For Katherine Craig, the mural is more than a marker of North End’s rising status. The so-called “bleeding rainbow” mural is a cornerstone of her career. And now, since the building’s owner aims to sell or redevelop the property, the artist is taking legal action to protect her work. [...]
The federal suit seeks an injunction that would bar the developer from destroying or otherwise altering The Illuminated Mural [...]. — citylab.com
Related news on Archinect:Muralists and the fragile relationship with the buildings they paint onDetroit issues arrest for "vandal" Shepard FaireyDetroit's struggle to distinguish between graffiti (boo!) and murals (yay!)
Earlier this week, the online street art community was abuzz about an article by Rafael Schacter for The Conversation, From dissident to decorative: why street art sold out and gentrified our cities. [...]
Basically, Schacter argues that street art isn’t rebellious anymore. Rather, that it’s most notable form is as a tool used by corporations to spur gentrification. Agree or disagree, the article is a must-read. — Vandalog
Vandalog author RJ Rushmore reached out to some of the influential figures in street art and muralism to get their reactions to Schacter's claim that street art has sold out and become complicit in the corporate gentrification of our cities. He received responses from Buff Monster, Living Walls...
What rights does a muralist have to the wall she painted on?
That's a question that echoes throughout the country right now, as muralists try to lay claim to their artwork under the Visual Artists Rights Act of 1990. [...]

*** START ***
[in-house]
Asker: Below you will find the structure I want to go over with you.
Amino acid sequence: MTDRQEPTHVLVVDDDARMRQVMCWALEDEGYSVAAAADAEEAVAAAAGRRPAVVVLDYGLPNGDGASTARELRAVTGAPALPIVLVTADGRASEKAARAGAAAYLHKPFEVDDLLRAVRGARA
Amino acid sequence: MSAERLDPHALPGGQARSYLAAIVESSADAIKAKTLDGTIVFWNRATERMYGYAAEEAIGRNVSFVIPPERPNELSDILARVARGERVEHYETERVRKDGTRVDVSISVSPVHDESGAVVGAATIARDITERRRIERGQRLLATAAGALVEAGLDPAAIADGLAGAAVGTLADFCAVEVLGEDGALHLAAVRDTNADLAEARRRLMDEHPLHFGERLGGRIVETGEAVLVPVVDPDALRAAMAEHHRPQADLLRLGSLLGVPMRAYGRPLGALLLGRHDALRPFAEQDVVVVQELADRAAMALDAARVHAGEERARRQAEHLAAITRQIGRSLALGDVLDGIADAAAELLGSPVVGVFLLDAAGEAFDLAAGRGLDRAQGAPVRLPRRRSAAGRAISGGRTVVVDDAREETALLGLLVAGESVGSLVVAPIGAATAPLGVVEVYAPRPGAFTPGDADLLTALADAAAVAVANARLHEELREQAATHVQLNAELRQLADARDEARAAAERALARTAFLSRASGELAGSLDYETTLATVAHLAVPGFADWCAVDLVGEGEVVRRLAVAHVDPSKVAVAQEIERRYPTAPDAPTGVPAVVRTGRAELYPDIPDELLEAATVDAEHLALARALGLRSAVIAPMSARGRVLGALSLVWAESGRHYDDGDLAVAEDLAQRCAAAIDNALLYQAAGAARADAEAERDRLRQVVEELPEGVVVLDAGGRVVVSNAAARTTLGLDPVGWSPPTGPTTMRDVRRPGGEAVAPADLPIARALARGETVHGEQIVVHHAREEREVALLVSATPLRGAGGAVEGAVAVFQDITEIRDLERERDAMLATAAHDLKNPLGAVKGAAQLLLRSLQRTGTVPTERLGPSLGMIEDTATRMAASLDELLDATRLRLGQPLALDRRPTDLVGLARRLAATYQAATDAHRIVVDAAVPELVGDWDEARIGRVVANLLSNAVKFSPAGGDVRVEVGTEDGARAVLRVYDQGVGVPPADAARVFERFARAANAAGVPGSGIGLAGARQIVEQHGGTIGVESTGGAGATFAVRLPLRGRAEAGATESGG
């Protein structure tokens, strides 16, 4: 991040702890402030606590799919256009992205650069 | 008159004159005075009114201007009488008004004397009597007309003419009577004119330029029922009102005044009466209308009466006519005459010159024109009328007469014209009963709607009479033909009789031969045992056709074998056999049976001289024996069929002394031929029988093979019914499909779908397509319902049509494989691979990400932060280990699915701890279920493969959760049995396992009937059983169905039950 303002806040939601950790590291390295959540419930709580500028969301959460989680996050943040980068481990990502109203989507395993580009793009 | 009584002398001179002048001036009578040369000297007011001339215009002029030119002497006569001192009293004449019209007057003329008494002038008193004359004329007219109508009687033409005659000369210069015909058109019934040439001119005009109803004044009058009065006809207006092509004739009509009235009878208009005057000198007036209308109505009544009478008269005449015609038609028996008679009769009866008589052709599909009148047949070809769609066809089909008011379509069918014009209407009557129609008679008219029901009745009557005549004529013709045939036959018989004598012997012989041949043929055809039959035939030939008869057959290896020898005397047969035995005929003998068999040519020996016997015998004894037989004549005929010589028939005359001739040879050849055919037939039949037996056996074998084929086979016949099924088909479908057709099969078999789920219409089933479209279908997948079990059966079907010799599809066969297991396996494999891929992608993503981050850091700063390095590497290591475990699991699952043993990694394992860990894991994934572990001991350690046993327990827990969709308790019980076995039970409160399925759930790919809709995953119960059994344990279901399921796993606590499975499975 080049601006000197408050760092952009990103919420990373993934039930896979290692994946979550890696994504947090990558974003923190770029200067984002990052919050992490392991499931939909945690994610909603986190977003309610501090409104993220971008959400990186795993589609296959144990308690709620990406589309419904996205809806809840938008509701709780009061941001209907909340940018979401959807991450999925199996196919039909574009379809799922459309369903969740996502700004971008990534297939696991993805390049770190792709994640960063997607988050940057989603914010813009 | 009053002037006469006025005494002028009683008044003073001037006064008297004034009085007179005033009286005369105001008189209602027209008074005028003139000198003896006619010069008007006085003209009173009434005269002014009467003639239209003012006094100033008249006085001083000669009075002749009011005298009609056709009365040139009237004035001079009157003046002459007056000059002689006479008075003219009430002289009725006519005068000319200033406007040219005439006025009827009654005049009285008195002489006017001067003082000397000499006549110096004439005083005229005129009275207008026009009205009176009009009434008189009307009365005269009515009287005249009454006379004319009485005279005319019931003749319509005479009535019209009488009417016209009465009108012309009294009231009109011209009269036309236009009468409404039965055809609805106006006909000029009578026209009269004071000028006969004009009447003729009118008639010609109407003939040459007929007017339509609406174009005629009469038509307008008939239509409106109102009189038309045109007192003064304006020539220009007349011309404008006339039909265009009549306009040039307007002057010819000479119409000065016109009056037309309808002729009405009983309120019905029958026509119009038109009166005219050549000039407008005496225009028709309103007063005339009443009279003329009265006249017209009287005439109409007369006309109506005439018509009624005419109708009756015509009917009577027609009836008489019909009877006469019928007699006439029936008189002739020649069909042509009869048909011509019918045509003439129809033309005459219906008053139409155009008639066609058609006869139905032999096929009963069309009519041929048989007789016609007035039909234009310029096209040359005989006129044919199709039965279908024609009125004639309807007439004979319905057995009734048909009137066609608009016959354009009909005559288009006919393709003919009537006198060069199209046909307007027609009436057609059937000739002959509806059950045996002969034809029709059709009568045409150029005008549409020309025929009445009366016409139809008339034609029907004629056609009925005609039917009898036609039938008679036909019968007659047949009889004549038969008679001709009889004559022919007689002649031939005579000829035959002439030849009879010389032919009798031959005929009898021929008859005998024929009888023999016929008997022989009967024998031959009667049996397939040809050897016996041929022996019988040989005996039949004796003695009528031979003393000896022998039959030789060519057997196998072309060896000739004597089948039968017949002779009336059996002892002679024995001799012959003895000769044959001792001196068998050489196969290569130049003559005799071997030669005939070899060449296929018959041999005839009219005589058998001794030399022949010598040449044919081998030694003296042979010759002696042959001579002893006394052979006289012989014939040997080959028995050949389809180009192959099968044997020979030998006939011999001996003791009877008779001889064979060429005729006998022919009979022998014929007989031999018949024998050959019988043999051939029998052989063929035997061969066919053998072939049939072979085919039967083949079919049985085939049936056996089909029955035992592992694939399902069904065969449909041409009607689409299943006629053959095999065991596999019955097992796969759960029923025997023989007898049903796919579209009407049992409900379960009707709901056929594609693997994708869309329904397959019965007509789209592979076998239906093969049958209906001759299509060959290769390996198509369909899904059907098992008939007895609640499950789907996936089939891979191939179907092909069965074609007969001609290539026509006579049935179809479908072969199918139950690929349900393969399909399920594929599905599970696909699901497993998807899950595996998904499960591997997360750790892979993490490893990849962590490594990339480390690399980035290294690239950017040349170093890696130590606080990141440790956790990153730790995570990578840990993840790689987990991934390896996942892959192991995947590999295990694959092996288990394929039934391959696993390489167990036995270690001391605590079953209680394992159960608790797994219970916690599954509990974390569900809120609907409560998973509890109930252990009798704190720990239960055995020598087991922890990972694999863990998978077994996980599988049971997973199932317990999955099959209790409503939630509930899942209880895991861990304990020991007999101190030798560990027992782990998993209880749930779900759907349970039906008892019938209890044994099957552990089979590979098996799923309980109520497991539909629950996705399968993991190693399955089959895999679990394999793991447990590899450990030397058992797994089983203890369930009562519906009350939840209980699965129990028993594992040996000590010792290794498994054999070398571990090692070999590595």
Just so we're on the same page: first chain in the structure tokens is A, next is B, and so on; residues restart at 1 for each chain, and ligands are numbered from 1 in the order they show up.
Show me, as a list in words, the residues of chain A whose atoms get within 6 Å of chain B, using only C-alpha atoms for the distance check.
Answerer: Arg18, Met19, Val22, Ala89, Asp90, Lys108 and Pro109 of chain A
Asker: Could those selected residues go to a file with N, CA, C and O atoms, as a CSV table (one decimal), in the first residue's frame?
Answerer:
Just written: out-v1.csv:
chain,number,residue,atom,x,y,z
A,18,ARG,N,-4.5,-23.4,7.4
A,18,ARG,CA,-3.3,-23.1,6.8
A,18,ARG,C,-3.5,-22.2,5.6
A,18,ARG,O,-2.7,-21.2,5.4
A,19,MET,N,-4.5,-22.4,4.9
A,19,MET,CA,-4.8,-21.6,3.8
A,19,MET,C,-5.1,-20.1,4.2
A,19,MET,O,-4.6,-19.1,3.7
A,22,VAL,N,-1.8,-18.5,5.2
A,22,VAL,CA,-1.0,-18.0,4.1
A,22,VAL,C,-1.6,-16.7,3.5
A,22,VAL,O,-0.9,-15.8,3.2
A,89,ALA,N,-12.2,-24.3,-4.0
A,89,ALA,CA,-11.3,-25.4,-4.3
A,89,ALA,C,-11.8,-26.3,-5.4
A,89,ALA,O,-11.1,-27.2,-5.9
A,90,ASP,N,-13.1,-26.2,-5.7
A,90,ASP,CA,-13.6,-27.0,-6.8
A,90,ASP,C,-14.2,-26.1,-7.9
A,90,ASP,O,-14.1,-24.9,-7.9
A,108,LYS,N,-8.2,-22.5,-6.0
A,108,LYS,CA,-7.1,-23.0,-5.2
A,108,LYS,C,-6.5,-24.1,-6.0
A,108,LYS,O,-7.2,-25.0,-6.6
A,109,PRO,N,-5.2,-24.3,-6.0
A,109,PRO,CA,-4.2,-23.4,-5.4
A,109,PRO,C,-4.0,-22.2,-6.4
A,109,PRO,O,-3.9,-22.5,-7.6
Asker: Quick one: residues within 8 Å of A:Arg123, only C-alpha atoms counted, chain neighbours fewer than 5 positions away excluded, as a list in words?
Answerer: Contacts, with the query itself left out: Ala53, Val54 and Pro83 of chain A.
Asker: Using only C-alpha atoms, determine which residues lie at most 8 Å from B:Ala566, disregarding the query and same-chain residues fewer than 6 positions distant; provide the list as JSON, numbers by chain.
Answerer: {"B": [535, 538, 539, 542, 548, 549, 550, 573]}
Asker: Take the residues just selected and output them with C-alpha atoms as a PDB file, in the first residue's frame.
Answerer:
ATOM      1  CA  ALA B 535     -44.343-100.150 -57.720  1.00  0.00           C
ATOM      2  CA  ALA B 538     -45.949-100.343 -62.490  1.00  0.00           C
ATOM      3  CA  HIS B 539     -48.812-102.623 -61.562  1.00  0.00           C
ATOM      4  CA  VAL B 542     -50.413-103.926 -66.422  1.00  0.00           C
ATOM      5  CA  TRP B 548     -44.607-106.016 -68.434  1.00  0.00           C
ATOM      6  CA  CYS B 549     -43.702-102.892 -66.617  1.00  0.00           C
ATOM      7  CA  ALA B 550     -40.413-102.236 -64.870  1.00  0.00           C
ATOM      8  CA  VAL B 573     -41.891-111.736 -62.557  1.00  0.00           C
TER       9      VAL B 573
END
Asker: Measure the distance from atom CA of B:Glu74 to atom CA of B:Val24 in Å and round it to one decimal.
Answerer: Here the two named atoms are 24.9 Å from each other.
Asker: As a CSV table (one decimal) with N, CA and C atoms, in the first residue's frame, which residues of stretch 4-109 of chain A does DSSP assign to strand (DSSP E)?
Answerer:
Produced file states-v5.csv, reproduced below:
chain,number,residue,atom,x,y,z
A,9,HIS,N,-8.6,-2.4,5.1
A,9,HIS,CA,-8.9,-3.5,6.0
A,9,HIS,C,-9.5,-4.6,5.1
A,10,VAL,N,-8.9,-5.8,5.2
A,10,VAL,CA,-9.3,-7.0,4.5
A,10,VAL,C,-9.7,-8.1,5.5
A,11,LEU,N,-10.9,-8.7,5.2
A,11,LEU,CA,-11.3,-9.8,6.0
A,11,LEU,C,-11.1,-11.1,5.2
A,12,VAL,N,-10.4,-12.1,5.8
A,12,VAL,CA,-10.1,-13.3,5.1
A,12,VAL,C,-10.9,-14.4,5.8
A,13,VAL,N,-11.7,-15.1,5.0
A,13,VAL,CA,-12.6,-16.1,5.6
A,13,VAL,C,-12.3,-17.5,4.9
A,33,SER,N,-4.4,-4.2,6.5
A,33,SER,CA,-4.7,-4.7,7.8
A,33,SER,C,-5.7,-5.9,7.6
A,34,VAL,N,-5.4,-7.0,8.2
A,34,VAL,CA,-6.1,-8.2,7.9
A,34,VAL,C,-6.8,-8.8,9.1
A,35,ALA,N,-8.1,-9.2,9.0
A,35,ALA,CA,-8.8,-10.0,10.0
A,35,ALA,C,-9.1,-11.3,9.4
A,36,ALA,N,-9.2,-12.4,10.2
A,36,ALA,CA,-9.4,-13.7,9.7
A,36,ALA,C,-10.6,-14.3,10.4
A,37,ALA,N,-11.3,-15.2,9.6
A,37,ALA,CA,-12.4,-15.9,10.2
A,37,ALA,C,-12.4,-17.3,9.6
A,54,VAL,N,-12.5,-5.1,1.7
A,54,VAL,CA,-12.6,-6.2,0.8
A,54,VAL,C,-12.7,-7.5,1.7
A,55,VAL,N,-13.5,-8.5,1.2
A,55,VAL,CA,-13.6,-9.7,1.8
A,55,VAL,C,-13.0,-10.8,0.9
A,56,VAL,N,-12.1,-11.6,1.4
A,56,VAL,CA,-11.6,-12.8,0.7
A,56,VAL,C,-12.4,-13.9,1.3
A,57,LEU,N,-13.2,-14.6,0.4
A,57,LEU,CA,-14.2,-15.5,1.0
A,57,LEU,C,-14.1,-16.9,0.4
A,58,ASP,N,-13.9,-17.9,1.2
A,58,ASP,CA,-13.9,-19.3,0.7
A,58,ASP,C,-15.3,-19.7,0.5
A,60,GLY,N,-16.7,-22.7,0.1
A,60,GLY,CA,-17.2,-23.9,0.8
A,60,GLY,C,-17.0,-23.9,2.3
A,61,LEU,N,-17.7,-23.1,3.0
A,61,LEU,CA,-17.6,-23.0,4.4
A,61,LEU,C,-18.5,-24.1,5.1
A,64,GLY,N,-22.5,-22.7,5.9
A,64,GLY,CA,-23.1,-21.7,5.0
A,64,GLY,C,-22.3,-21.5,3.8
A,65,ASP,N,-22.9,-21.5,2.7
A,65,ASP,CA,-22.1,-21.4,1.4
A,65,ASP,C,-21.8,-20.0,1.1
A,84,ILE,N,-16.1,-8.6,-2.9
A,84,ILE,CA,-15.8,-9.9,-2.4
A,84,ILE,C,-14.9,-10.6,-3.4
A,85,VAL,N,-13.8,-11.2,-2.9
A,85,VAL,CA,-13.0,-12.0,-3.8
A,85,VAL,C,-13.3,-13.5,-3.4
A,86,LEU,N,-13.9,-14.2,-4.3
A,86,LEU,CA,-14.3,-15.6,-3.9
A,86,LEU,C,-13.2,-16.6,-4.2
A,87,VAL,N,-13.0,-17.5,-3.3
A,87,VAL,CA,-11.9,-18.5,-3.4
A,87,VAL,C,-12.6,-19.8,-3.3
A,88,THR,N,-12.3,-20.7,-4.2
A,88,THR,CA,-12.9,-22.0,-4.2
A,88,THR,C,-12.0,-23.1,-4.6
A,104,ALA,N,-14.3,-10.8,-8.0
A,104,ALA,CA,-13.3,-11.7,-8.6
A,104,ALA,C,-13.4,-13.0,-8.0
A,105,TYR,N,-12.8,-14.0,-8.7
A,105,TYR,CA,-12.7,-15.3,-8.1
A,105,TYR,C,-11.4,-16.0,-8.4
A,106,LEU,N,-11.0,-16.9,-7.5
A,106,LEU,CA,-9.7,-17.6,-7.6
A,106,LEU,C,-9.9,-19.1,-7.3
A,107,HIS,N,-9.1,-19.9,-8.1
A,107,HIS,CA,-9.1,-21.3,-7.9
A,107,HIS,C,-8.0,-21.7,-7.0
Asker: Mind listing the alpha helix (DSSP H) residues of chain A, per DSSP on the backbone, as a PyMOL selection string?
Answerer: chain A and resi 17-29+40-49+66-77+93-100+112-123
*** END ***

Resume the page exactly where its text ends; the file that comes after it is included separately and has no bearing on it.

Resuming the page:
California muralist Kent Twitchell was in a hotel room in Sausalito, Calif., when he got the call — his six-story mural of Ed Ruscha in Los Angeles had been painted over. — npr.org
Murals — and the accompanying questions of ownership, copyright, vandalism — are an ongoing sujet in the Archinect news:Detroit issues arrest for "vandal" Shepard FaireyMuralist Kent Twitchell on LA's new mural-friendly ordinanceDetroit's struggle to distinguish between graffiti (boo!) and...
World famous street artist Shepard Fairey - the man whose “Hope” poster massively boosted Obama’s 2008 presidential campaign – has described an attempt to arrest him by Detroit police as “hilarious” after he was commissioned to do a mural in the city.
Last night authorities issued an arrest warrant for Fairey, 45, on graffiti charges with Police Sergeant Rebecca McKay issuing a statement warning: “Just because he’s a well-known artist does not take away from the fact that he is also a vandal.” — independent.co.uk
Detroit's most recent charge against Fairey is for damages amounting to $9,100, caused by nine of Fairey's works. Detroit police are asking that he turn himself in, and say that he'll be arrested should he ever return to Detroit. Fairey doesn't seem to be phased, calling the charges...
Archeologists have unearthed a massive tomb complex in a southwest suburb in Beijing, according to the Beijing Institute of Cultural Heritage on Monday.
They said the complex is a rare discovery given its size, time span and location.
The 70 hectare archeological site consists of 129 tombs built over 1,100 years, spanning from the East Han Dynasty (25-220) to Tang Dynasty (618-907) and Liao (907-1125). — chinadaily.com.cn
This modernist villa on the Côte d’Azur, designed by Irish architect Eileen Gray, has witnessed wartime shootings, murder and vandalism by Le Corbusier. Now, at last, it has been brought back to life [...]
Le Corbusier visited and, apparently outraged that a woman could have made such a significant work in a style he considered his own, assaulted it with a series of garish and ugly wall paintings, which he chose to execute completely naked. — theguardian.com